We need housing there is no argument there. We need affordable housing. By affordable I mean housing that people who work by the hour can afford. We also need low income housing. Low income housing should be for people on fixed incomes and the disabled. Low wage low/no benefit employers rely on the taxpayer to subsidize their profits by providing welfare benefits to their employees. In the future there will be a large number of people who lived and worked here all or most of their lives in San Diego (City/county) who will not be able to retire here because their employers did not provide a wage/benefit package that allowed the employee to financially plan for retirement. Having said that, the requirement that each city provide low, very low, moderate, and above moderate income housing fails to understand that people gravitate to areas that they can afford. The government should not force cities or neighborhoods to accommodate people that otherwise could not live there. I like Coronado, Del Mar, La Jolla, etc. and I like to visit and walk around and shop. I can't afford to live there. I was never able to afford to live there. I moved to an area that I could afford. I bought a house in a neighborhood. The neighbors came together and worked together to make the neighborhood the best it could be. I don't think I need to worry about someone from Coronado moving into my neighborhood. While the cost of housing is high the real problem is the historically low wages paid by San Diego employers. What the politicos that want to force low cost housing or mass transit on us should be considering is a poverty tax on employers who pay low wages. It is estimated that the taxpayer pays one large retail employer $1,000,000 per store in welfare benefits to their employers.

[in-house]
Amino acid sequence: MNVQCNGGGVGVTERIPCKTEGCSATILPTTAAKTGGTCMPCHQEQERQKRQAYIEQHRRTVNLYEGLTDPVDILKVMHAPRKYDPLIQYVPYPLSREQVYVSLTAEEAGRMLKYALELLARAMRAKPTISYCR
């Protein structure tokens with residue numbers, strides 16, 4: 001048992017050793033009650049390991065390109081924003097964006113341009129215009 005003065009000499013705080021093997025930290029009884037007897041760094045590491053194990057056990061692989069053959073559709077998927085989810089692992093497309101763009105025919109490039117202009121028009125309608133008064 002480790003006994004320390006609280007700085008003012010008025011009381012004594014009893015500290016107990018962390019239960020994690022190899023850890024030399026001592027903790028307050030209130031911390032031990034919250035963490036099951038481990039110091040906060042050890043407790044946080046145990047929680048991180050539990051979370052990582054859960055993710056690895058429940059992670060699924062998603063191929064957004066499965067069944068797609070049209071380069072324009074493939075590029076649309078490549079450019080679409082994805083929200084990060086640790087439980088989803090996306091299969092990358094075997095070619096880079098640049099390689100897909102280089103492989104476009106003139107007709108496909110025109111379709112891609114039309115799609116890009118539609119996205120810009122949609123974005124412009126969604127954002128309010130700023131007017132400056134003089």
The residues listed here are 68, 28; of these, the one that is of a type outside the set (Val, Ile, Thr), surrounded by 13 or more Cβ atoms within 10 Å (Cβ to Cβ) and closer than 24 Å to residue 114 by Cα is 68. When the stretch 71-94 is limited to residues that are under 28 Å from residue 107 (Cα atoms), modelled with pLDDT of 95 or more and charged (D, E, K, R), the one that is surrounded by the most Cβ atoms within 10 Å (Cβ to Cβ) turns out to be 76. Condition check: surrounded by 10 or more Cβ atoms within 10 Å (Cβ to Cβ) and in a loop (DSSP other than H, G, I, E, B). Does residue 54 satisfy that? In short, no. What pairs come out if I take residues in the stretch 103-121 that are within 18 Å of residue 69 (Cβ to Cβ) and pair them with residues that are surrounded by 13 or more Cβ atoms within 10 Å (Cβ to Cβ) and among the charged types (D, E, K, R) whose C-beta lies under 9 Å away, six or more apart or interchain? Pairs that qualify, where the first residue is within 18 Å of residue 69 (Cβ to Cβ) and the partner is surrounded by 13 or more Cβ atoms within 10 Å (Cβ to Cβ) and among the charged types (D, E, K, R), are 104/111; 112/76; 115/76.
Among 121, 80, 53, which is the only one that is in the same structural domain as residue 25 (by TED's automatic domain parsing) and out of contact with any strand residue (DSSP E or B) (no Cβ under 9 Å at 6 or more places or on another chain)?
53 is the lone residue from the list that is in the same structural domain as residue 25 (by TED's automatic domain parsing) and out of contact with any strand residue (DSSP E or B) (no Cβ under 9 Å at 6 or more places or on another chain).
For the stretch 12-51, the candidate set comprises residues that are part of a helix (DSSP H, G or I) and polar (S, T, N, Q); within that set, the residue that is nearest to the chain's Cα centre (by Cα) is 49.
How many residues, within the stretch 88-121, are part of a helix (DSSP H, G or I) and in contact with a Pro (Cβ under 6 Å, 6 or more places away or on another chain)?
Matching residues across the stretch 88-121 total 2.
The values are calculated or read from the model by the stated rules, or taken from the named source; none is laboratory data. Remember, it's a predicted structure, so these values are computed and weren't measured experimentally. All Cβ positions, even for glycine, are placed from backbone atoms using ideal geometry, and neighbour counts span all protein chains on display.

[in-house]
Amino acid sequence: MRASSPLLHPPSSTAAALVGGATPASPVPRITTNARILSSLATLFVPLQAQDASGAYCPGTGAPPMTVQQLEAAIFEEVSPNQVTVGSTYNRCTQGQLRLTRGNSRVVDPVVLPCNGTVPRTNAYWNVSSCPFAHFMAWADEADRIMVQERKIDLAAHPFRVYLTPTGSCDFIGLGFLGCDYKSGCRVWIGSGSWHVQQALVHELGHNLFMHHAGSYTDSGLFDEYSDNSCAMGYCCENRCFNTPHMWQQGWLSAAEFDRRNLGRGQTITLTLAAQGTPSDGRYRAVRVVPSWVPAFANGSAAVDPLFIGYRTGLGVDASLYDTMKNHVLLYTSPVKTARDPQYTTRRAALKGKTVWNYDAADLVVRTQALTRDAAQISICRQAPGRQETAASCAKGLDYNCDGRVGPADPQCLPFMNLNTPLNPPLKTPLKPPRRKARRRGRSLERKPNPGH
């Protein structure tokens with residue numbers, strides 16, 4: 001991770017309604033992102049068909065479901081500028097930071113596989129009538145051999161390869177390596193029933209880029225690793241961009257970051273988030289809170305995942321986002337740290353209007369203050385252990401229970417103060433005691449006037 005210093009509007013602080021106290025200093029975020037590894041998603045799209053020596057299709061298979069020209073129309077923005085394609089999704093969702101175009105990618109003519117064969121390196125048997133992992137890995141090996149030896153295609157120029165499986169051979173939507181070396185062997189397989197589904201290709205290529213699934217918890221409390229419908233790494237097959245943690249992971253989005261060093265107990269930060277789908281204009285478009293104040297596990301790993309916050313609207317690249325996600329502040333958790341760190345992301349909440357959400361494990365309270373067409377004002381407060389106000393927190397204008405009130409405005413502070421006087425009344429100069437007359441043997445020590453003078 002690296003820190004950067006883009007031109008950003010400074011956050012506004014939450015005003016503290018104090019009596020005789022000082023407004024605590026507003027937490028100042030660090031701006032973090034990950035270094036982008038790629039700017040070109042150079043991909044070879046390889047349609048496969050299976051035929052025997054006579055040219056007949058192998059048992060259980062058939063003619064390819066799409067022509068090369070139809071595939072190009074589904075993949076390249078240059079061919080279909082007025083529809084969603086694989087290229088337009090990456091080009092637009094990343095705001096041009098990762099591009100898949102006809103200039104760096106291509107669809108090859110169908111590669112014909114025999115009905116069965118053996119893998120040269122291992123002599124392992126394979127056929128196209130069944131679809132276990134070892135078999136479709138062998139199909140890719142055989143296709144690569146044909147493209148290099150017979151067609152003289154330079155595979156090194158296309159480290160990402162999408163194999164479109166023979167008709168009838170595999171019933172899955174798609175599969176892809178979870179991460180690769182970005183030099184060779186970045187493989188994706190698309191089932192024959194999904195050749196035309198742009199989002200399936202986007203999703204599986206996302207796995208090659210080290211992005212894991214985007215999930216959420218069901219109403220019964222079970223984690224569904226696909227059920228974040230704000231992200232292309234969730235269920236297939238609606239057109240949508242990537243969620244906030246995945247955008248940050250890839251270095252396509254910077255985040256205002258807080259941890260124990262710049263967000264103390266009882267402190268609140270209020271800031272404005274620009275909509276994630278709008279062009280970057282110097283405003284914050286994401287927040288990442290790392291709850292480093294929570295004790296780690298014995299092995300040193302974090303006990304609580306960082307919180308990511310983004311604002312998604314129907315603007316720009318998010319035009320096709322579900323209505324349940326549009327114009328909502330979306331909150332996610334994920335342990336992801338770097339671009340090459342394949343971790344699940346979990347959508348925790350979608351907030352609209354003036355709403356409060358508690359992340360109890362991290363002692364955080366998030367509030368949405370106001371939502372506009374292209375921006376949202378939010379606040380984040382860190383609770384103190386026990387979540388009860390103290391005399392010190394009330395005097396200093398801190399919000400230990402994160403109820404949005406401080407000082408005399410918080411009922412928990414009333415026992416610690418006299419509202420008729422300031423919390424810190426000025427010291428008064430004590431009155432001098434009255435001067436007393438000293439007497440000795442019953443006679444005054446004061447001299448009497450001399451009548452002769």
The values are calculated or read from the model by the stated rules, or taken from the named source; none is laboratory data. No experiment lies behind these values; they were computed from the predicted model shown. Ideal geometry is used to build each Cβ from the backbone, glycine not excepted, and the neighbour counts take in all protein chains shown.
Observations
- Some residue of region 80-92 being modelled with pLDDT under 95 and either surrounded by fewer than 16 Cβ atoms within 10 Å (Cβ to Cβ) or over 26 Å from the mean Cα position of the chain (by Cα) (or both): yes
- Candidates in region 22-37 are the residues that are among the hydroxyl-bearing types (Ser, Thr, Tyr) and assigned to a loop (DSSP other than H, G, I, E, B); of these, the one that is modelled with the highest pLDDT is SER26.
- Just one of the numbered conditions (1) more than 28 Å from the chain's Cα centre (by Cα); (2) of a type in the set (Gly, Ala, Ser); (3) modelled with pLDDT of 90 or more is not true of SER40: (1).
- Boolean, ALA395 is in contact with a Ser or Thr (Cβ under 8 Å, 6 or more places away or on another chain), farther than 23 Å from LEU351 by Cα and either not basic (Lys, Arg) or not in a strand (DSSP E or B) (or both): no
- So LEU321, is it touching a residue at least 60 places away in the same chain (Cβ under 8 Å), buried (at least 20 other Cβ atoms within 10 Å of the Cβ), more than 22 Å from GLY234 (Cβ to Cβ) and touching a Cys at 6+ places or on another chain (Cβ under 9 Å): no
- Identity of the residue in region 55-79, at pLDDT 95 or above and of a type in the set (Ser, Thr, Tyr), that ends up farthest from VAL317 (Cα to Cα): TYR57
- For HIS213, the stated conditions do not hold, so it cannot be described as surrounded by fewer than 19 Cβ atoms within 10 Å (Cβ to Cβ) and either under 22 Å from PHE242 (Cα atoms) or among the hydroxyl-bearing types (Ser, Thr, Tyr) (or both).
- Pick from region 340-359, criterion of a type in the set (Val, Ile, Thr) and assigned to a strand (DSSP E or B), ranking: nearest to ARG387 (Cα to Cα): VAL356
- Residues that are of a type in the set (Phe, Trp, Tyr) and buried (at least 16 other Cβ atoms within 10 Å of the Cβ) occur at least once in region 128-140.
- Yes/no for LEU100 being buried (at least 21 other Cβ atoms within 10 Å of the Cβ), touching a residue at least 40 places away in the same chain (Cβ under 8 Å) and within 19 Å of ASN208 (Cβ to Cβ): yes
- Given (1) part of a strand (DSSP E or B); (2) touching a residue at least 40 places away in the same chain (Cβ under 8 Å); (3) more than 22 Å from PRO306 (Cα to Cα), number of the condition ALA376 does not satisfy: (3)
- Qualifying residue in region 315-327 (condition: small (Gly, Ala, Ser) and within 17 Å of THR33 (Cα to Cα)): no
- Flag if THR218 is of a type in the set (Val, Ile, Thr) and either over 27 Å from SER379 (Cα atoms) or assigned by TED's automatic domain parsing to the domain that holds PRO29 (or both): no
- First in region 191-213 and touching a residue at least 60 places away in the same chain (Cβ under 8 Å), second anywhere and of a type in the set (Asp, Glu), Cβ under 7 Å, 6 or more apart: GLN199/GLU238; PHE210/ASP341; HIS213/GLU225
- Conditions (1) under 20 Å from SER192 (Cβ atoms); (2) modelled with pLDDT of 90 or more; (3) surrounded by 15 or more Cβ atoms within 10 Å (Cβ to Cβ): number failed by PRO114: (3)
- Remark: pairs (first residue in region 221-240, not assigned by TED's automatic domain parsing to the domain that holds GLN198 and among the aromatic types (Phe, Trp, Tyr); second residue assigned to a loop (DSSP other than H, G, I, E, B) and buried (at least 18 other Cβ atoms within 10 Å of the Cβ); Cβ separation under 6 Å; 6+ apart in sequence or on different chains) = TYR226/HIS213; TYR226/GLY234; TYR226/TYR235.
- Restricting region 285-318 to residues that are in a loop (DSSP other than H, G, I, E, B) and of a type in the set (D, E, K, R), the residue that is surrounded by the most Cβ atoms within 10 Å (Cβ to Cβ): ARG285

Sept. 11, 2019

Well said , especially the part about employers doing more for their numbers er workers. Unfortunately the socially hip agenda is cultural enrichment and equal opportunity, and those pushing that agenda won’t be happy until there are ghettos everywhere.

Sept. 12, 2019

I work at Walmart and have 0 extra $ after my mercedes lease payment and iphone payment, but I DO want to live on Coronado so so much!! So I think the State should force all those rich people to move, so affordable housing blocks can be built that I can afford with almost nothing! THANK YOU COMMIEFORNIA!!!

Sept. 12, 2019

Walmart low wages, always.

Sept. 12, 2019

Those pushing cultural enrichment won’t be happy until there isn’t a nice area left . The fact is affordable housing equals trashy people.

Sept. 12, 2019